Co-hosted by the GW Department of East Asian Languages and Literature and the Sigur Center for Asian Studies.
What is time made of? We might balk at such a question, and reply that time is not made of anything—it is an abstract and universal phenomenon. But the time measurement practices of Tokugawa Japan (1600-1868)—practices rooted in a timekeeping system in which hours changed their lengths with the seasons—tell us otherwise. Exploring the logic of Tokugawa clockmakers who designed mechanical clocks that measured time in variable hours, this talk will show how concepts of time are rooted in very concrete images and tangible practices.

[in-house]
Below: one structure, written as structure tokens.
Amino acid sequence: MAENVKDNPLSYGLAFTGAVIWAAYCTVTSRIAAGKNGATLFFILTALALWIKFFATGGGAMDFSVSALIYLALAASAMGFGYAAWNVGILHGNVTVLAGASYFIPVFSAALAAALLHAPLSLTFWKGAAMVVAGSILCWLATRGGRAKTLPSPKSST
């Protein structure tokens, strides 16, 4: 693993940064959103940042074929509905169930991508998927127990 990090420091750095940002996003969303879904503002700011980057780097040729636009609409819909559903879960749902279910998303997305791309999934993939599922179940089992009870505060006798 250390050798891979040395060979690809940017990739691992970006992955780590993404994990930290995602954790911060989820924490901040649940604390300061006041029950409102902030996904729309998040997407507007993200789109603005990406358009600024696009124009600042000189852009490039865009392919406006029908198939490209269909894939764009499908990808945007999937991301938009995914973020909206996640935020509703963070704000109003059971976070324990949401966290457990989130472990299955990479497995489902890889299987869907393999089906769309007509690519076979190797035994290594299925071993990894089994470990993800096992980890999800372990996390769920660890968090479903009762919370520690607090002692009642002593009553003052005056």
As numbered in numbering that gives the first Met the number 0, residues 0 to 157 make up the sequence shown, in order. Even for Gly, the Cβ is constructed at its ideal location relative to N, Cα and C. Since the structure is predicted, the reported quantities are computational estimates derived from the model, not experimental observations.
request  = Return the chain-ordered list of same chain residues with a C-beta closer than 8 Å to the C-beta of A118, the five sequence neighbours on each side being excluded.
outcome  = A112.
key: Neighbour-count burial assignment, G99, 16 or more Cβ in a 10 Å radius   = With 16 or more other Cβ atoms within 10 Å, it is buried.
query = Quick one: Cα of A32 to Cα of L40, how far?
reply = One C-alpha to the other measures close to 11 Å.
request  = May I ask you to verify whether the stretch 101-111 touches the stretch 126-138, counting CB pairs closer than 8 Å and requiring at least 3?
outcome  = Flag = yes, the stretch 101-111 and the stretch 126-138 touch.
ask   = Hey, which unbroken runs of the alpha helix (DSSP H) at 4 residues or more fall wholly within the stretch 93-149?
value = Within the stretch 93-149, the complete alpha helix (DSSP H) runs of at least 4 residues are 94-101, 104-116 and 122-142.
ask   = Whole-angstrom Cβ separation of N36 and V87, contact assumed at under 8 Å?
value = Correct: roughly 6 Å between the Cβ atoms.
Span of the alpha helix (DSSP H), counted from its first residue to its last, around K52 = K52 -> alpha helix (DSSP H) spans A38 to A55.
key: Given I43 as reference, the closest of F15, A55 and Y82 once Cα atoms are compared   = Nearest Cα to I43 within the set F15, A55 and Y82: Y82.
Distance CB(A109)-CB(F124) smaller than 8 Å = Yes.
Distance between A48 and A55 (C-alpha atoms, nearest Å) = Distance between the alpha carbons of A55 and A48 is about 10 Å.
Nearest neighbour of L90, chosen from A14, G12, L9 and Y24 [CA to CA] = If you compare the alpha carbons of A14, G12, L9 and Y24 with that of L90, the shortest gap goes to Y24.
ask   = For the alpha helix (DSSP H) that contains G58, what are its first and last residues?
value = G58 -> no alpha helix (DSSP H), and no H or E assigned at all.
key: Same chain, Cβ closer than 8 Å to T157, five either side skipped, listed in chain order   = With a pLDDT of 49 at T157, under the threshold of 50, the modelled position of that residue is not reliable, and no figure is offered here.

Dr. Yulia Frumer (Ph.D., Princeton) is an Assistant Professor in the Department of History of Science and Technology at Johns Hopkins University. She is the author of the book Making Time: Astronomical Time Measurement in Tokugawa Japan (University of Chicago Press, 2018).